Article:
Outlook 2021: Americas

2021 will kick off with North and Latin America’s gaming industries hoping to avert further coronavirus-enforced shutdowns of land-based facilities while maintaining compliance with previously unthinkable operating restrictions.

At the same time, the widely anticipated spread of regulated online gambling across the Americas will be in sharp focus. An eagerness to regulate was already apparent but has been accelerated since the pandemic by a growing enthusiasm from land-based operators to diversify and a need for governments to tap new sources of tax revenue.

While the rapidly expanding US sports betting market will again capture the limelight, 2021 should also be the year that major markets in Canada and Latin America make their moves.

US Market Expansion

Early in 2021, sports betting will be available in 22 states – 15 with mobile – as Michigan and Virginia follow Tennessee in launching operations.

Maryland, Louisiana and South Dakota should follow soon enough, after voters in all three states approved referendums in November, with legislative discussions also ripening through the final months of 2020 in the major markets of Massachusetts and Ohio.

Still, passing bills will remain fraught with lobbying complexities, as states grapple with key policy questions on college sports, the number of licenses or “skins” that should be available and, in the case of mobile betting in New York or Georgia, core constitutional issues.

This rapid expansion will also underscore two conflicting policy trends that make the US market every bit as complex in terms of regulation as it is lucrative in terms of business.

Various sportsbook operators, especially newer entrants, will confront the reality that skins are more limited in most states beyond Colorado and New Jersey, and even major brands face a serious lobbying challenge to be able to expand on a truly national scale. That challenge is even more obvious in states like Florida, where tribal gaming interests control the agenda.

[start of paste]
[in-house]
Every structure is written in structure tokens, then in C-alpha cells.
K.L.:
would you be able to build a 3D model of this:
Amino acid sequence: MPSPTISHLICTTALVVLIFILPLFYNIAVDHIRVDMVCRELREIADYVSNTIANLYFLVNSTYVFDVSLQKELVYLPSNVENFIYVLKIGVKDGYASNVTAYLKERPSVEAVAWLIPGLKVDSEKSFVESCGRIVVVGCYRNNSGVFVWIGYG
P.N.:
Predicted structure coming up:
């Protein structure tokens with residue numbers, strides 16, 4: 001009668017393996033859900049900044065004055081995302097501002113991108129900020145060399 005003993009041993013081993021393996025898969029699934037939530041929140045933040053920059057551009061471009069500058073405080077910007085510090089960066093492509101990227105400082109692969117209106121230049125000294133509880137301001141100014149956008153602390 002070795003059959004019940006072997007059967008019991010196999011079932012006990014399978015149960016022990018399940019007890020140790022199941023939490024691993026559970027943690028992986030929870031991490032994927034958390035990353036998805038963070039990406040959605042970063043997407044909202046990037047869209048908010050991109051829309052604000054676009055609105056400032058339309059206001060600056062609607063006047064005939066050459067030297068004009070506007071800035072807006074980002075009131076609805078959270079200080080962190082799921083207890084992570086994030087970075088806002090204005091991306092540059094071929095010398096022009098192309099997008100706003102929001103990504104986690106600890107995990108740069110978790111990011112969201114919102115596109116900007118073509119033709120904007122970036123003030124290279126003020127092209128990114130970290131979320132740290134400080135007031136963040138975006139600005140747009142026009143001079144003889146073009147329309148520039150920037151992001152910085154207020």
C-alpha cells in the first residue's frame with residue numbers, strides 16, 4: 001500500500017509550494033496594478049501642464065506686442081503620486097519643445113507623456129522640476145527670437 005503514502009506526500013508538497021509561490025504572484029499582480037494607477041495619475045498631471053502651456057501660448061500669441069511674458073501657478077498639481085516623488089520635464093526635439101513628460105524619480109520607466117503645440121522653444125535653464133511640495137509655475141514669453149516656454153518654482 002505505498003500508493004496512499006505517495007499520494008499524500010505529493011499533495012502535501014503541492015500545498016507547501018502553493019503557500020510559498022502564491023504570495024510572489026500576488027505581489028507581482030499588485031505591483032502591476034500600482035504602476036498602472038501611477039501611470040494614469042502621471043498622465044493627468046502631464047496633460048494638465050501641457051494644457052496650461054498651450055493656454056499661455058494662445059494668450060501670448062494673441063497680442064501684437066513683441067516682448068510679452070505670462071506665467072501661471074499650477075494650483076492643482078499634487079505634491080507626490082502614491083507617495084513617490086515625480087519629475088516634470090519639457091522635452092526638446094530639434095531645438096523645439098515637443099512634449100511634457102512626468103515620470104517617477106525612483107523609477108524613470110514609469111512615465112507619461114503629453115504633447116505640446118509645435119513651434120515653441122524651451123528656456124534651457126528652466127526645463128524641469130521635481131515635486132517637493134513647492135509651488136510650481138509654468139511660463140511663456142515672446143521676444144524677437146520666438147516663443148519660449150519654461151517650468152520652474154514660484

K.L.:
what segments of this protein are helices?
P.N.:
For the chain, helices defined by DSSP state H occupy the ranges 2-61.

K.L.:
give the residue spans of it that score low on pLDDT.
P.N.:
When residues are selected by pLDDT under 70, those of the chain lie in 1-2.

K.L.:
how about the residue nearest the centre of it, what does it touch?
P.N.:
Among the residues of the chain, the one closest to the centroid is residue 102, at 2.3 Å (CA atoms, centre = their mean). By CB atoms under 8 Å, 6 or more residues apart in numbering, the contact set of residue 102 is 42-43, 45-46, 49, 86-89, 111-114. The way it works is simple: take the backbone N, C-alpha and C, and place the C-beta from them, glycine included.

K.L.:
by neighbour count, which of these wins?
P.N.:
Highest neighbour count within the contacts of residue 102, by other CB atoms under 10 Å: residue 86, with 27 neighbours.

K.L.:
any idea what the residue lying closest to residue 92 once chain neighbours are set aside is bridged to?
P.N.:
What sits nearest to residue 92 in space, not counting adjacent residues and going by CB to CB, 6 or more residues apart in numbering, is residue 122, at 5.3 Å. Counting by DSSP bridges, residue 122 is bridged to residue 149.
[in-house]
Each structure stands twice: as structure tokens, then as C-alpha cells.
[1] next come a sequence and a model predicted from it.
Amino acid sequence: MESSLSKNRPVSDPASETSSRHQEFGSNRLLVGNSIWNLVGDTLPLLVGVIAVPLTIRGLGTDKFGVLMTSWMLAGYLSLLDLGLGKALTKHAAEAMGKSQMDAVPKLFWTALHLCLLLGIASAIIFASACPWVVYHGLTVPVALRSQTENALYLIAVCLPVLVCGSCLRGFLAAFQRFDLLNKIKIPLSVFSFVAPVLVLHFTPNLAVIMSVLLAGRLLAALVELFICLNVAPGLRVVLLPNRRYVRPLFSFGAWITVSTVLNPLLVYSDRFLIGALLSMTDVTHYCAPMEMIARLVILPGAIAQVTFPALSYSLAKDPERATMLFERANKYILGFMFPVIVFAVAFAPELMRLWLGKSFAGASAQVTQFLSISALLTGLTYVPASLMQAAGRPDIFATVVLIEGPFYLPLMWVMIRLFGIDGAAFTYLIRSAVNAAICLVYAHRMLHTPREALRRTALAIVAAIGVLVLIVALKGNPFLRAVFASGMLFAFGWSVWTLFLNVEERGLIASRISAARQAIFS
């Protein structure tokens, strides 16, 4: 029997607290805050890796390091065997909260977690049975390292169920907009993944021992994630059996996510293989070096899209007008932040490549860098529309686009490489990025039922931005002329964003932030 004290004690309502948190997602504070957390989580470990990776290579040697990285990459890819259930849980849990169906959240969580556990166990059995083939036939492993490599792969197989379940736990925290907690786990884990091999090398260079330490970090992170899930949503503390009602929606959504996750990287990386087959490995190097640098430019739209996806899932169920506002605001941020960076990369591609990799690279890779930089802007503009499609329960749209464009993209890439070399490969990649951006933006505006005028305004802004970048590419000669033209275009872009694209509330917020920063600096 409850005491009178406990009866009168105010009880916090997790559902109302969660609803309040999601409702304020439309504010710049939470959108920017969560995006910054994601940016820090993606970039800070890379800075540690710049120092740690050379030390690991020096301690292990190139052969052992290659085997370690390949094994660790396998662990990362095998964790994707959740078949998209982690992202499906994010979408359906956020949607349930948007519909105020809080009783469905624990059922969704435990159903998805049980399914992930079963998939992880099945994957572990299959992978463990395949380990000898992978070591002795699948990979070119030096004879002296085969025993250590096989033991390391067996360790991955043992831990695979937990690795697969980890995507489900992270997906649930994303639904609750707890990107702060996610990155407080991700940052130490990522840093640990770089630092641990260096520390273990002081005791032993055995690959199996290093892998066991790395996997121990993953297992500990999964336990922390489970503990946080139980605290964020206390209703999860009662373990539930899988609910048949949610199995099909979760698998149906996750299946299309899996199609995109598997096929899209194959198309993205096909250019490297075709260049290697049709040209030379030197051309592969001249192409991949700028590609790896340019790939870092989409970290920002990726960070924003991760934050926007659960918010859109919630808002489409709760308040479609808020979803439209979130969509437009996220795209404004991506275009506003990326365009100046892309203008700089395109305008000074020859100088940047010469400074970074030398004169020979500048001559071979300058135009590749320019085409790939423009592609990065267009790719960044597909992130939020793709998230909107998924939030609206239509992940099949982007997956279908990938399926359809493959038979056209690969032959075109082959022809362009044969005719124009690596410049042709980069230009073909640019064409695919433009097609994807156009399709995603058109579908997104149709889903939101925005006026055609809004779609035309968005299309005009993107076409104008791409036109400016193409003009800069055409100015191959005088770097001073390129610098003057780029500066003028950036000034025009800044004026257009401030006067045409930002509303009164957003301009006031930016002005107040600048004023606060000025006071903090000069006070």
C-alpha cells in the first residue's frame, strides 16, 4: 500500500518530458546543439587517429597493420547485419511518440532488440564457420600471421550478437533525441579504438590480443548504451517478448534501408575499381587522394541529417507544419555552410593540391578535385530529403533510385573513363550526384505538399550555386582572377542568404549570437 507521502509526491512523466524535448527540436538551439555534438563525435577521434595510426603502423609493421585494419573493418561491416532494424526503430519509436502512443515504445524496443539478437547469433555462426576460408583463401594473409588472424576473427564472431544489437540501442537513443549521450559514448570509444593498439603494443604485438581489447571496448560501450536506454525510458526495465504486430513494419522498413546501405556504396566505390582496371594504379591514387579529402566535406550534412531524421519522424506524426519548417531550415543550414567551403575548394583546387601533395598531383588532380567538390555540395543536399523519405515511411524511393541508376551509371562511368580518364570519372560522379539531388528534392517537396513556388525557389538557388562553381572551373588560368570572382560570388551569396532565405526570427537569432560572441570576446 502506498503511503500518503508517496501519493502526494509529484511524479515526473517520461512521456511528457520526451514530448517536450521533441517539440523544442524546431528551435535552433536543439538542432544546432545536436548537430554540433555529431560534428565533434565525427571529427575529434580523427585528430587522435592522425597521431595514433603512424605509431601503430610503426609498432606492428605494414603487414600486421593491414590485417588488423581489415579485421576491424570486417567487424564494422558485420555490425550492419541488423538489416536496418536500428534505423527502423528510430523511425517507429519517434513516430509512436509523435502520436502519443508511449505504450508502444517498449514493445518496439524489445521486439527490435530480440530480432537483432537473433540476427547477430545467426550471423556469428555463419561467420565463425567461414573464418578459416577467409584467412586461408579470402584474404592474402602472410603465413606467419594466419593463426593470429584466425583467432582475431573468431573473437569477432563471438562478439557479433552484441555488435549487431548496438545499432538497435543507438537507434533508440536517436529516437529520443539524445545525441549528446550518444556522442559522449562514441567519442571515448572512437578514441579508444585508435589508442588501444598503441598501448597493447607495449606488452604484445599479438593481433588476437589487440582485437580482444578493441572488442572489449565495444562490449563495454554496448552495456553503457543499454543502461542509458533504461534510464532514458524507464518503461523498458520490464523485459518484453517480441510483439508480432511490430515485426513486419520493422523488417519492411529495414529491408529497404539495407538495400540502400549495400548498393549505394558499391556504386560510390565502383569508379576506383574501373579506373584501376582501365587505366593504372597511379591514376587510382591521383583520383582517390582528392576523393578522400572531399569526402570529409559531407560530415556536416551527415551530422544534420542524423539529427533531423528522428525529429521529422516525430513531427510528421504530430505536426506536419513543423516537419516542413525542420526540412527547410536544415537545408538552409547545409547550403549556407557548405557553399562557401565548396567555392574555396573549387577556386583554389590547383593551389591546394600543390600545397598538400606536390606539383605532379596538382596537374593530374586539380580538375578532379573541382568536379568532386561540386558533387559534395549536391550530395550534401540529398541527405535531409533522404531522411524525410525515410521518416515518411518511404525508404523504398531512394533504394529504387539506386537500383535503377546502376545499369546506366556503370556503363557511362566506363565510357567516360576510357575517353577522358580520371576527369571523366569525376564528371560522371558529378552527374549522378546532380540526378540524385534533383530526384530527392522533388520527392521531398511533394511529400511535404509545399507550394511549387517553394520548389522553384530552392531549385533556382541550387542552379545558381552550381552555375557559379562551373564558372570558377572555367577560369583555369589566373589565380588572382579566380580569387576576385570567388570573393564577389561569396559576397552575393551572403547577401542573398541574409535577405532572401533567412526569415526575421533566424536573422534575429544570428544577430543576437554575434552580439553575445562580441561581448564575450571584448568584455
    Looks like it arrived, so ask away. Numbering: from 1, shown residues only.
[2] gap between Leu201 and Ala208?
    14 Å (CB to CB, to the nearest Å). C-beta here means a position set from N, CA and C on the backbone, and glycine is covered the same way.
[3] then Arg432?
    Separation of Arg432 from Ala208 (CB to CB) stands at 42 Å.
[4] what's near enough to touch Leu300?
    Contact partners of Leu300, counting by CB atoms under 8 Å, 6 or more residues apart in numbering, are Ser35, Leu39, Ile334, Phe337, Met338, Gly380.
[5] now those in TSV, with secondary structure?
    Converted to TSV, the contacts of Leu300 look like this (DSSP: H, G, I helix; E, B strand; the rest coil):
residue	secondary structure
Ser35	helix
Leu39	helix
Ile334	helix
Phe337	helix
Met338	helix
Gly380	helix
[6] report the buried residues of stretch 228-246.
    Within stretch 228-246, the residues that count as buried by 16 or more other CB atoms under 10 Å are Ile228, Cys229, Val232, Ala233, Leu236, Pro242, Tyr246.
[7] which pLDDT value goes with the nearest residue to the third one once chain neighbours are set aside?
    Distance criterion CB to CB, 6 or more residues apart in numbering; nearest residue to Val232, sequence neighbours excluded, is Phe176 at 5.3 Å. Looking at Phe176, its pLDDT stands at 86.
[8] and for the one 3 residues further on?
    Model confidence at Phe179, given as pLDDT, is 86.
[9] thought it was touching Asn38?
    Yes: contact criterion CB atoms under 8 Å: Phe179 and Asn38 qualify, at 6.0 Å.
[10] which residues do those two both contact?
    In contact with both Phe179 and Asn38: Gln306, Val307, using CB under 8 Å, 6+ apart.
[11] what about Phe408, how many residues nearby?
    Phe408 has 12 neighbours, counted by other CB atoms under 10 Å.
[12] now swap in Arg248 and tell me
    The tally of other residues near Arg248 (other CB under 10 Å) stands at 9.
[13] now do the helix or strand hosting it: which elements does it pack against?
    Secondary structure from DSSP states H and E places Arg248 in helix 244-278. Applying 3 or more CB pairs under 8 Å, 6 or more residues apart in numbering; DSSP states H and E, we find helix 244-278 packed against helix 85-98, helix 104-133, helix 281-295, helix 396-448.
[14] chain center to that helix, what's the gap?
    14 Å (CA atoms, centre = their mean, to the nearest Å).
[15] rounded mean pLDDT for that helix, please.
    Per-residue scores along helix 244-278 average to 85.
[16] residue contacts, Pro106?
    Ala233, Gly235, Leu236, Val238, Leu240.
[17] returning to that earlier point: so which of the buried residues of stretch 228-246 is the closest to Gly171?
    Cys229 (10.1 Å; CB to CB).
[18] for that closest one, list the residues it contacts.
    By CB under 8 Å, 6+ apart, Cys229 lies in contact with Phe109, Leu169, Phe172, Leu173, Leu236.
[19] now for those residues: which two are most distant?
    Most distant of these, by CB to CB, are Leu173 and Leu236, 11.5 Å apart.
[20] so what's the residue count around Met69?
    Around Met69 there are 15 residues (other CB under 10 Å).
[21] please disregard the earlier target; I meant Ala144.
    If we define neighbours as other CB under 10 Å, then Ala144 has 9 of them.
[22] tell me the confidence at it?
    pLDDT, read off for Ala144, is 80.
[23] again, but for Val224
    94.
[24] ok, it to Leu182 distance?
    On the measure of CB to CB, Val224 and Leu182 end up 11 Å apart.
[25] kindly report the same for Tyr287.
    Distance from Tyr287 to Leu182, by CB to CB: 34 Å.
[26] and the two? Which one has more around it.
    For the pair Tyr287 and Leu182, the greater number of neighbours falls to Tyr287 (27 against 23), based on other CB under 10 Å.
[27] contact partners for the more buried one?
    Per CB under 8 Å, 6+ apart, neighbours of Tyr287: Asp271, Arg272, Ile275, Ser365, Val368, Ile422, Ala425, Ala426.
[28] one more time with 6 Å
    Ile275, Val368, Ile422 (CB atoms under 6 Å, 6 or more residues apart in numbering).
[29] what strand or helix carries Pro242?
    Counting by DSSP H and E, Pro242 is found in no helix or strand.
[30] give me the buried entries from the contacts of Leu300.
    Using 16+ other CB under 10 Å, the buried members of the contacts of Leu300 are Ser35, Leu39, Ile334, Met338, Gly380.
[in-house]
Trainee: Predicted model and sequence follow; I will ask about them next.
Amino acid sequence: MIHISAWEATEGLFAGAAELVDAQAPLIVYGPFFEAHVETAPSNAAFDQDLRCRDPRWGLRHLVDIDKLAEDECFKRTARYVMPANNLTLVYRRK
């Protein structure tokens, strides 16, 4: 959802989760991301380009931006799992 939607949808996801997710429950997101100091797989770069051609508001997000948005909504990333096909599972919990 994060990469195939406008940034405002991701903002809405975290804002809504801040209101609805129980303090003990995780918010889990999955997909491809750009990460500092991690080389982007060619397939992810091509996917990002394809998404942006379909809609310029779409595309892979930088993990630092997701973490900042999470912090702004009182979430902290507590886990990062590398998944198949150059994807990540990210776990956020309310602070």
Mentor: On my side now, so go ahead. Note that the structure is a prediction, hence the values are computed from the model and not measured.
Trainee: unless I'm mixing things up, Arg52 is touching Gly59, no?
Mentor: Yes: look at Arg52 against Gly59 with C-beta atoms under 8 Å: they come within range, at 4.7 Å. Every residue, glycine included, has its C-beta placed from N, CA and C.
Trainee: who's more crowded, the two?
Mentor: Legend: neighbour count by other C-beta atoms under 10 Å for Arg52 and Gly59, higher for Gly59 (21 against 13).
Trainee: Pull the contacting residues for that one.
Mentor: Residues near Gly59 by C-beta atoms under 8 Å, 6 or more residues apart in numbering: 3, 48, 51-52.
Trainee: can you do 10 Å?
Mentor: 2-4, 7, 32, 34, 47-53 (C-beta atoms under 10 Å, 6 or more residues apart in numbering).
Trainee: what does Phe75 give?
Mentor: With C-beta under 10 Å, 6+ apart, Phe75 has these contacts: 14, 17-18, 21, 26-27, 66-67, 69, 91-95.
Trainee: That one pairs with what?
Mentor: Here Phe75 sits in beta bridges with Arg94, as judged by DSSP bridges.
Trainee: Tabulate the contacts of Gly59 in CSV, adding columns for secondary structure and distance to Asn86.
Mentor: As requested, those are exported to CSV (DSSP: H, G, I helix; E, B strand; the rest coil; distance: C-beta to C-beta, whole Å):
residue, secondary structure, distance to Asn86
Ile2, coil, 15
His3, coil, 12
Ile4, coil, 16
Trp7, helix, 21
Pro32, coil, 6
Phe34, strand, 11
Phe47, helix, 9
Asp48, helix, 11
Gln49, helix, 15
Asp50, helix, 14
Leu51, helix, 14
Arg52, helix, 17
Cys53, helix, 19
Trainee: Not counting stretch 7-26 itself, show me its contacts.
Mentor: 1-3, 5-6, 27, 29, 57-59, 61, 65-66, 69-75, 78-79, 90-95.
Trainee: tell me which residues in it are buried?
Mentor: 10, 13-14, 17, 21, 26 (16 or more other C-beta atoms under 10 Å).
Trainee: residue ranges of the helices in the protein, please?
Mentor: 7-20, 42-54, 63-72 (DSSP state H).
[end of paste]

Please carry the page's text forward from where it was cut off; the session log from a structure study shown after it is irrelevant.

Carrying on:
Meanwhile, those operators that do enjoy broad market-access will be tested to rapidly scale their businesses across multiple states where regulations differ dramatically.

To date, states have adopted divergent policies not only on big-picture issues like tax, licence fees and online wagering but everything from permitted data sources, branding restrictions and the specifics types of bets operators may offer on which sports.

With federal legislation likely to remain far in the distance, expect anywhere from six to 14 more states to weave their own fabric into the patchwork quilt of the US sports betting market in 2021, as sports wagering becomes just one form of gambling expansion made more tempting by depleted state tax coffers.

Elsewhere, casino expansion could be considered in long-term holdouts Georgia and Texas, while Pennsylvania, Missouri, Virginia and others will be lobbied to regulate gaming machines in bars, as bar- and restaurant-owners lobby for new revenue streams to help them remain in business.

Arguably the segment to watch, however, is internet gaming.

Online casino gambling has been much slower to expand across the US than sports betting, with only five states regulating online casinos since 2012. Still, the conventional wisdom is that state lawmakers will warm up to the issue in 2021, helped by their regulators’ comfort with online sports betting and the booming markets of New Jersey and Pennsylvania demonstrating the potential tax revenue on offer.

Look for Indiana, Illinois and Iowa to be among states to test this theory, with Wall Street watching on to see whether online sportsbook brands locked in fierce battles to grab market-share can gain a fast-track to profitability by cross-selling their expensively acquired players to casino games. 

Canada and Latin America

US states won’t be the only major markets in the Americas to open in 2021.

Ontario should also show its hand on internet gaming, having adopted legislation in December to cement its plans to replace its lottery-run online casino monopoly with a competitive market.

While specific details remain to be seen, the province’s population will be enough to attract significant international interest, especially given the prospect of a separate move by Canada’s federal government to allow single-event sports betting.

In Latin America, Panama and both the province and city of Buenos Aires in Argentina are set to join Colombia as regulated online gambling markets and may have issued their first licences by early 2021.

But there’s little doubt the spotlight will be falling squarely on Brazil.

2020 closed with the country’s main public bank working with consultants to establish the terms of a concession process for retail and online sports betting, in order to finally implement a now two-year-old law.

Betting companies around the world will be awaiting clarity on the number of concessions available, fees, qualification criteria and regulatory requirements before a process is held potentially in the latter months of 2021.

Many will also hope industry consultations convince the Brazilian government to revisit the tax provisions of its 2018 law and lower an effective rate of 3 percent of online turnover.

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